her afterwards.
This brief but emotional discourse between me and the battered girlfriend was no doubt
heard by Gort, who nevertheless “stood still” the whole time, just staring out into the street from
his position on the elevated porch. However, shortly thereafter, as I walked toward him, he
decided without warning to heave his beer bottle onto the street. There was no direct
provocation or reason for this, just an apparent reaction to what he was hearing from his now exgirlfriend. He apparently determined that lobbing the bottle toward the parked police cars would
serve him and his cause well.
It didn’t.

Following the trajectory of his just smashed beer bottle, the guy then slowly and
deliberately descended the stairs into the front yard and toward the sidewalk. While doing so he
stated loud enough for the woman, the three cops, and no doubt some nearby neighbors to hear,
“This is f**kin’ bullshit, man! She’s a bitch and deserved what she got! I’m outta here!”
He then slowly exited the front yard area and started walking away from the premises. I
watched him as he temporarily stopped in the middle of the street to tuck his torn tee-shirt into
his boxer shorts. I suppose he wanted to look presentable, with or without his pants, to whoever
had the pleasure of next meeting up with him. As it turned out, that would be yours truly.
All of this was, of course, unacceptable. This clearly drunken domestic abuse poster boy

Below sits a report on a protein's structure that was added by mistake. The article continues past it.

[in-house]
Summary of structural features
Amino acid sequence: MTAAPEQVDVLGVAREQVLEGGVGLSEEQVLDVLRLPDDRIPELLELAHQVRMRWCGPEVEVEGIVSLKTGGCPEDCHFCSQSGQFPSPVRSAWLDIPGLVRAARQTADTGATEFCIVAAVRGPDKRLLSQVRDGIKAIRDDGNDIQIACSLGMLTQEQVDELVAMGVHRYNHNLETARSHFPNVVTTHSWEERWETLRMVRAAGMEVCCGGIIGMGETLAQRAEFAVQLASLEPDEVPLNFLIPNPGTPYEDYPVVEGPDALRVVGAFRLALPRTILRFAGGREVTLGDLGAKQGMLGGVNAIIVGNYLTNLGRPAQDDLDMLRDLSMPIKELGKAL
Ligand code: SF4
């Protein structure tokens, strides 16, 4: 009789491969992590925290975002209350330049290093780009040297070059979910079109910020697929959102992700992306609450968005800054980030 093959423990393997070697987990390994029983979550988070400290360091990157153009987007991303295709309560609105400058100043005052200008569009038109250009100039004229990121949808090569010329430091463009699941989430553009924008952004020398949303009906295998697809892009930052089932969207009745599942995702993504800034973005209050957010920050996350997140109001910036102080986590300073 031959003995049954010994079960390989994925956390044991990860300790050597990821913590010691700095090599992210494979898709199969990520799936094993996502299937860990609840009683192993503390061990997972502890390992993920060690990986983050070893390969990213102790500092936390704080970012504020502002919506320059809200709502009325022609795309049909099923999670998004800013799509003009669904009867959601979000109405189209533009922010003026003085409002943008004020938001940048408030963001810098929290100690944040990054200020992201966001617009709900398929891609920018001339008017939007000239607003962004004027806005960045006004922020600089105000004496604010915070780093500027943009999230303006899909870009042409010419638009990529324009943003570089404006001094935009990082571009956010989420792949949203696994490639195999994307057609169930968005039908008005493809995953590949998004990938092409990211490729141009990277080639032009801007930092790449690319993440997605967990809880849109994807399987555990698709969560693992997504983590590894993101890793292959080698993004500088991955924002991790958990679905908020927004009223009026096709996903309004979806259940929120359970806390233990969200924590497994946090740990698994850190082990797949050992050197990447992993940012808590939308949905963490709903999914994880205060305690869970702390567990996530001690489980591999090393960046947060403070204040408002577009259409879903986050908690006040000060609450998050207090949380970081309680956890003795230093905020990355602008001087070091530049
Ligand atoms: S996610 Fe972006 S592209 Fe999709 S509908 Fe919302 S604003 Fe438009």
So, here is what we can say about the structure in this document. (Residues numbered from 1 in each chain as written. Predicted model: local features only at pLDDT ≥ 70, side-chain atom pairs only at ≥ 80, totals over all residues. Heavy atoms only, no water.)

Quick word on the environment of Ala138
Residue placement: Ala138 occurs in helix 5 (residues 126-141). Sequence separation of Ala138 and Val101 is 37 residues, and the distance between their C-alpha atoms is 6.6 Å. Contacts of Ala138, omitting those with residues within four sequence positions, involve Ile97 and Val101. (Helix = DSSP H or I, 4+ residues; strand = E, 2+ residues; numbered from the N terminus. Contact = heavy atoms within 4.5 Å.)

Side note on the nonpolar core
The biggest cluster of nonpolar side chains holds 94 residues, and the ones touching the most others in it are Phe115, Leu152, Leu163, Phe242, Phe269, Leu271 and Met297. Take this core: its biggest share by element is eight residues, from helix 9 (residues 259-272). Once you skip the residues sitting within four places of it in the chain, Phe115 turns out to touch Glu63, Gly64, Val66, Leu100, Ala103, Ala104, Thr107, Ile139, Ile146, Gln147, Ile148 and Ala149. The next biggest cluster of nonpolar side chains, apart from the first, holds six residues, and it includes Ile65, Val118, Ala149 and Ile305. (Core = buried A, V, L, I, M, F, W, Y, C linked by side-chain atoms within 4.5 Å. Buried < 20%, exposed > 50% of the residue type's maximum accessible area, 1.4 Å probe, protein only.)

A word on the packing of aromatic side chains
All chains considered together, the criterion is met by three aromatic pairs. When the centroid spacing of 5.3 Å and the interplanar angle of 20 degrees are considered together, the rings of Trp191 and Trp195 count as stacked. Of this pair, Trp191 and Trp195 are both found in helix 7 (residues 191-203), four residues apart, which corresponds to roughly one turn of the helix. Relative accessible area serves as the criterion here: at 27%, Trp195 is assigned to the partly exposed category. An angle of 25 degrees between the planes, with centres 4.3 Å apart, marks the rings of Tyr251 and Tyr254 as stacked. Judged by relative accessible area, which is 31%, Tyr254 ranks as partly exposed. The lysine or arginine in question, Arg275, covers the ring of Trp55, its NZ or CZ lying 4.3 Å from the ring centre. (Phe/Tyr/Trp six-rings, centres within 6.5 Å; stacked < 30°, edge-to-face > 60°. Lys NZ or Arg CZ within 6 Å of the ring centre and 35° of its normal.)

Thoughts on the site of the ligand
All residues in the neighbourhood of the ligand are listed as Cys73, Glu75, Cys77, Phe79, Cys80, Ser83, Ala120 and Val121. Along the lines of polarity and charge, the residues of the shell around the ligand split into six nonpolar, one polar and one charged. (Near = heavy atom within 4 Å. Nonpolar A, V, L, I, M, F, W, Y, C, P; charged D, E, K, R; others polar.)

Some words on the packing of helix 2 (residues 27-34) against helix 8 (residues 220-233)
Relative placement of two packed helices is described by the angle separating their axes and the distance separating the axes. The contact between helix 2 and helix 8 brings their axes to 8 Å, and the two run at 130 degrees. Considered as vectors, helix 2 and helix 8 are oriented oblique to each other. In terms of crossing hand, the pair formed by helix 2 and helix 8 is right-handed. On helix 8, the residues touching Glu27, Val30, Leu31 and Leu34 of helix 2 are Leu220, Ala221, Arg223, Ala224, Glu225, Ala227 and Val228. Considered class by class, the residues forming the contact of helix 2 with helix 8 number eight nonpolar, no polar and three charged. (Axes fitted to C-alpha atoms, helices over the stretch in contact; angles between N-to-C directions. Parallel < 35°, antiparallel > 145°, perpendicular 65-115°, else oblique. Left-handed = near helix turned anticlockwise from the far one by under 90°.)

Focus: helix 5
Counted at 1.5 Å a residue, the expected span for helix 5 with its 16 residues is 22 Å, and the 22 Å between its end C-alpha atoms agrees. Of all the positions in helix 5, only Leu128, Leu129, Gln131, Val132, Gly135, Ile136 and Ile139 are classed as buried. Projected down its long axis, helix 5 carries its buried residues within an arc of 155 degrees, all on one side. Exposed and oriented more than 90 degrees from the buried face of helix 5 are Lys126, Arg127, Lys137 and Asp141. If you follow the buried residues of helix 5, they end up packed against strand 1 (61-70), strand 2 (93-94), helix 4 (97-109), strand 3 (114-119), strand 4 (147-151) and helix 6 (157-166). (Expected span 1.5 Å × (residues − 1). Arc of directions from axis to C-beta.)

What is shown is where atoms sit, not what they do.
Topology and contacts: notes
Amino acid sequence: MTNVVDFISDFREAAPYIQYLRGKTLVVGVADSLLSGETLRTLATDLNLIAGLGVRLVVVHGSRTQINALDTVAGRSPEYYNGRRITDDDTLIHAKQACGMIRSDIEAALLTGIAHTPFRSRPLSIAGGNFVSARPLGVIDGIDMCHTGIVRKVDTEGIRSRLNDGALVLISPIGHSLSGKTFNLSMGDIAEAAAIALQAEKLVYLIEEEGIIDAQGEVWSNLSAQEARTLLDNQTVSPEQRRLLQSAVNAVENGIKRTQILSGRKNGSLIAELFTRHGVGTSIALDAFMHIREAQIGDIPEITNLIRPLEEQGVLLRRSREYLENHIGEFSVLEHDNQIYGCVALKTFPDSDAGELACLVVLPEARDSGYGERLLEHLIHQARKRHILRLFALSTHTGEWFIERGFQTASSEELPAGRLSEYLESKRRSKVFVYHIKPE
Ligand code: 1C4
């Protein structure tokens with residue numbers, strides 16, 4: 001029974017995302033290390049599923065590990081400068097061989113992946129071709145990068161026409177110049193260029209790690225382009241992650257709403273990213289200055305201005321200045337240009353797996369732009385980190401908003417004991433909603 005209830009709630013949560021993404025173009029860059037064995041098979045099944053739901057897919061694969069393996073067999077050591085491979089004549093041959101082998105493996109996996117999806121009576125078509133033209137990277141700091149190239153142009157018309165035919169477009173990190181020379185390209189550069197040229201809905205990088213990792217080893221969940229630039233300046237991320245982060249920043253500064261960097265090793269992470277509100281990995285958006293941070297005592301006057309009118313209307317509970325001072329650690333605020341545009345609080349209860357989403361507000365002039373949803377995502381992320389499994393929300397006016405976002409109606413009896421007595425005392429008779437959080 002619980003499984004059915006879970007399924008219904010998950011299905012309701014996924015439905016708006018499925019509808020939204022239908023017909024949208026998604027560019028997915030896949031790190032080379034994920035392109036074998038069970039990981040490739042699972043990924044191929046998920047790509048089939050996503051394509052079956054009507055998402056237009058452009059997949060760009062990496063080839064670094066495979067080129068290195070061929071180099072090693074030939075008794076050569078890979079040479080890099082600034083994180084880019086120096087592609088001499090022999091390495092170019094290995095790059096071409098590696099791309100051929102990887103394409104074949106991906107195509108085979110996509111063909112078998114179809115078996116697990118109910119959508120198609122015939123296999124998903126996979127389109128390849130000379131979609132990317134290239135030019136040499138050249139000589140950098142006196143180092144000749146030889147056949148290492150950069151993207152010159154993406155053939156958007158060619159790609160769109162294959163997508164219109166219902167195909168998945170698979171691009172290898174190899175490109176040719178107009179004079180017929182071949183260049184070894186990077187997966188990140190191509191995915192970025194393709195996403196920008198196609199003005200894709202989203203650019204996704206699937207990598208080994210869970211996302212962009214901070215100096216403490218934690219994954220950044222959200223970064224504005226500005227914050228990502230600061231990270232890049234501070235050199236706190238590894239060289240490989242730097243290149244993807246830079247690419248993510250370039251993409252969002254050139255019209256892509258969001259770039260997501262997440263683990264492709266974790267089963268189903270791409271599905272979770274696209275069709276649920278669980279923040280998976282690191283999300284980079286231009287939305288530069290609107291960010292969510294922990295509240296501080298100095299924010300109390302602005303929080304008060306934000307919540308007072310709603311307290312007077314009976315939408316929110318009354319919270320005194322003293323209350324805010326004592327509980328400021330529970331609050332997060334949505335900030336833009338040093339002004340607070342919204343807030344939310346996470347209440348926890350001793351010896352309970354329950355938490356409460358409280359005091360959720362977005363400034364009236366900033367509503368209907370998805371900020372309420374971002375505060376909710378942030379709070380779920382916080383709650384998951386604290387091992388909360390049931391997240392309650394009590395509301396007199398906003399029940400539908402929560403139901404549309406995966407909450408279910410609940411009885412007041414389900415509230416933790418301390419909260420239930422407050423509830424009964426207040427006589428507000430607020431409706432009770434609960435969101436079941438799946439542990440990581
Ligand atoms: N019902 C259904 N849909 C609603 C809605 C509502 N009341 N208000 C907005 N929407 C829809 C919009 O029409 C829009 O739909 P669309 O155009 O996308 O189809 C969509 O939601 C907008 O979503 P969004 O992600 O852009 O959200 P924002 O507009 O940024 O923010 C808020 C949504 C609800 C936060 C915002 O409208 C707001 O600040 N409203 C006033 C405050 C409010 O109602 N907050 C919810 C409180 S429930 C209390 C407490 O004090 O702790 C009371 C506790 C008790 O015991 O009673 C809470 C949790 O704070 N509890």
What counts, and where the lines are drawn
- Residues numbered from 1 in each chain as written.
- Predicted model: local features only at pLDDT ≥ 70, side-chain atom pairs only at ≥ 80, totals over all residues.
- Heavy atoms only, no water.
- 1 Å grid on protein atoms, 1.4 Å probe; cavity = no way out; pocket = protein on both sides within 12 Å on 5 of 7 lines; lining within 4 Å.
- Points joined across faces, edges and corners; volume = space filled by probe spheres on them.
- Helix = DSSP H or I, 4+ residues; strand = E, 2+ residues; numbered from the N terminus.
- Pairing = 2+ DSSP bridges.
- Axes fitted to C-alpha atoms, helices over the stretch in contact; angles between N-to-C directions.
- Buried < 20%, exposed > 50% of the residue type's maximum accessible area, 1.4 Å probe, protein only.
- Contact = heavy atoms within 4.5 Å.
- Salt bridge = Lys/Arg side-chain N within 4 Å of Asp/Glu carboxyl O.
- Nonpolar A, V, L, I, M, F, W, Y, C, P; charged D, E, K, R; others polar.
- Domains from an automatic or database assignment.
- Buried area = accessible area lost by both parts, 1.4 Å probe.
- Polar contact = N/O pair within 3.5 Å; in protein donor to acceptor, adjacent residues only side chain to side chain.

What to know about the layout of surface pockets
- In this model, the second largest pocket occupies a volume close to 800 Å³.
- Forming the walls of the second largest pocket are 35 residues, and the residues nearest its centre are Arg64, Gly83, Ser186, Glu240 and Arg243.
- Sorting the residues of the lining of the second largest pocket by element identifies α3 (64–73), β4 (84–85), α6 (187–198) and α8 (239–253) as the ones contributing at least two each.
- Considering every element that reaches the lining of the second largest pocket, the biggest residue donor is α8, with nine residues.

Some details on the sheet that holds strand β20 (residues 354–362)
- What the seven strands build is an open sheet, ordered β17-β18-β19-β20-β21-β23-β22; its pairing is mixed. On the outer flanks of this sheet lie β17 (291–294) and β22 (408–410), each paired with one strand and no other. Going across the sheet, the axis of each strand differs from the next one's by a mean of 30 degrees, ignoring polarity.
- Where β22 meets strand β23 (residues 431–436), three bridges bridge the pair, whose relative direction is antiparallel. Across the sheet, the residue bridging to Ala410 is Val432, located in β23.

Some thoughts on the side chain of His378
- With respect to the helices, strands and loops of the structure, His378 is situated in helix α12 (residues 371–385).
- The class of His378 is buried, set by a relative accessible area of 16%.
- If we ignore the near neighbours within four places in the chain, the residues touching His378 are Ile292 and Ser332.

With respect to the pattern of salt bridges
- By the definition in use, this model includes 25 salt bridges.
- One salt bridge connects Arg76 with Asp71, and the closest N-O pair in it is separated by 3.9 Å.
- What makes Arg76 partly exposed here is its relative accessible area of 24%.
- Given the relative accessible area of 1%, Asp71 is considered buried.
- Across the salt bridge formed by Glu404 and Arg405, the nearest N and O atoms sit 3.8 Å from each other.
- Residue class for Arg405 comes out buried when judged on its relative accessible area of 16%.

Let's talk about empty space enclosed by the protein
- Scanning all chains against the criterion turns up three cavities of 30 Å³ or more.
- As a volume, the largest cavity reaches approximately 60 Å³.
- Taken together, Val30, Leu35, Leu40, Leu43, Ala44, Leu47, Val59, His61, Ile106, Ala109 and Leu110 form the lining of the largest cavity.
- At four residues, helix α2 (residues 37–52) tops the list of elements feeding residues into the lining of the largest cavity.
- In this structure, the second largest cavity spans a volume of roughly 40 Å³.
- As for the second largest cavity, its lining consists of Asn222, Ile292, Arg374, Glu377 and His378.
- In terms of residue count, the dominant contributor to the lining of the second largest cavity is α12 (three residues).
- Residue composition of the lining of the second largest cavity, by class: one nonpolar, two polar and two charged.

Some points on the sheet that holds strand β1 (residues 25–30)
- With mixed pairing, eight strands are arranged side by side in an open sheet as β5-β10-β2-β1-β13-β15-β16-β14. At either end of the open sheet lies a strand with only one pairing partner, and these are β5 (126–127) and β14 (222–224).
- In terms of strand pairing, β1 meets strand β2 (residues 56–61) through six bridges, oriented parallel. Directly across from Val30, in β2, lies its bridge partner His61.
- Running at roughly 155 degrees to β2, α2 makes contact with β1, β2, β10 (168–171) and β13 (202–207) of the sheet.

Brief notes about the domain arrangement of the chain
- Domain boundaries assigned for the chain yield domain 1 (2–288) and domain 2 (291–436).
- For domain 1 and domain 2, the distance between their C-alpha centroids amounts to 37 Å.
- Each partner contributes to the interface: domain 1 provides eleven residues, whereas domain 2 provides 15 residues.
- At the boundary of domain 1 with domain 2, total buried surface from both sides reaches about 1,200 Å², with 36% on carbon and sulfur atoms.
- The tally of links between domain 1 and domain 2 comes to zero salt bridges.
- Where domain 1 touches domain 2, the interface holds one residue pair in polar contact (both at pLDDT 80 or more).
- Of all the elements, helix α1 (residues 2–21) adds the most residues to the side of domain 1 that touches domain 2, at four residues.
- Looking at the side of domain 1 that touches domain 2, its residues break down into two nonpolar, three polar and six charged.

had to be talked to, at the very least, and his personal information gathered before we could clear
this call. We couldn’t allow him to just walk away from the scene without ascertaining his
name, address, date of birth, run warrant checks, advise him not to come back, etc., even if the
woman wasn’t sure whether or not she wanted to press charges against him. Since the officers
that night, including me, didn’t actually witness the non-life threatening assault of this woman,
we couldn’t necessarily arrest the guy right then and there unless she agreed to file charges. If
we did arrest Gort without her “authorization,” it would have to be for other crimes.
(Laws in Pennsylvania, and in much of the U.S., would fortunately change in this regard
in several years. By the mid-1980s, police would be able to arrest a domestic abuse suspect if
the actual assault was not witnessed by the officers and even if the victim did not want to press
charges.)

Those “other crimes” happened in less than a minute’s time. That’s where I did poorly in
that “test” I earlier referenced. Well, maybe….

The now loudmouth drunk made the mistake of taking this domestic problem into the
middle of the street, about two houses away, and arguing with first one, then two, then me, the
third officer on the scene, after I finally exited the porch area and proceeded to his new location.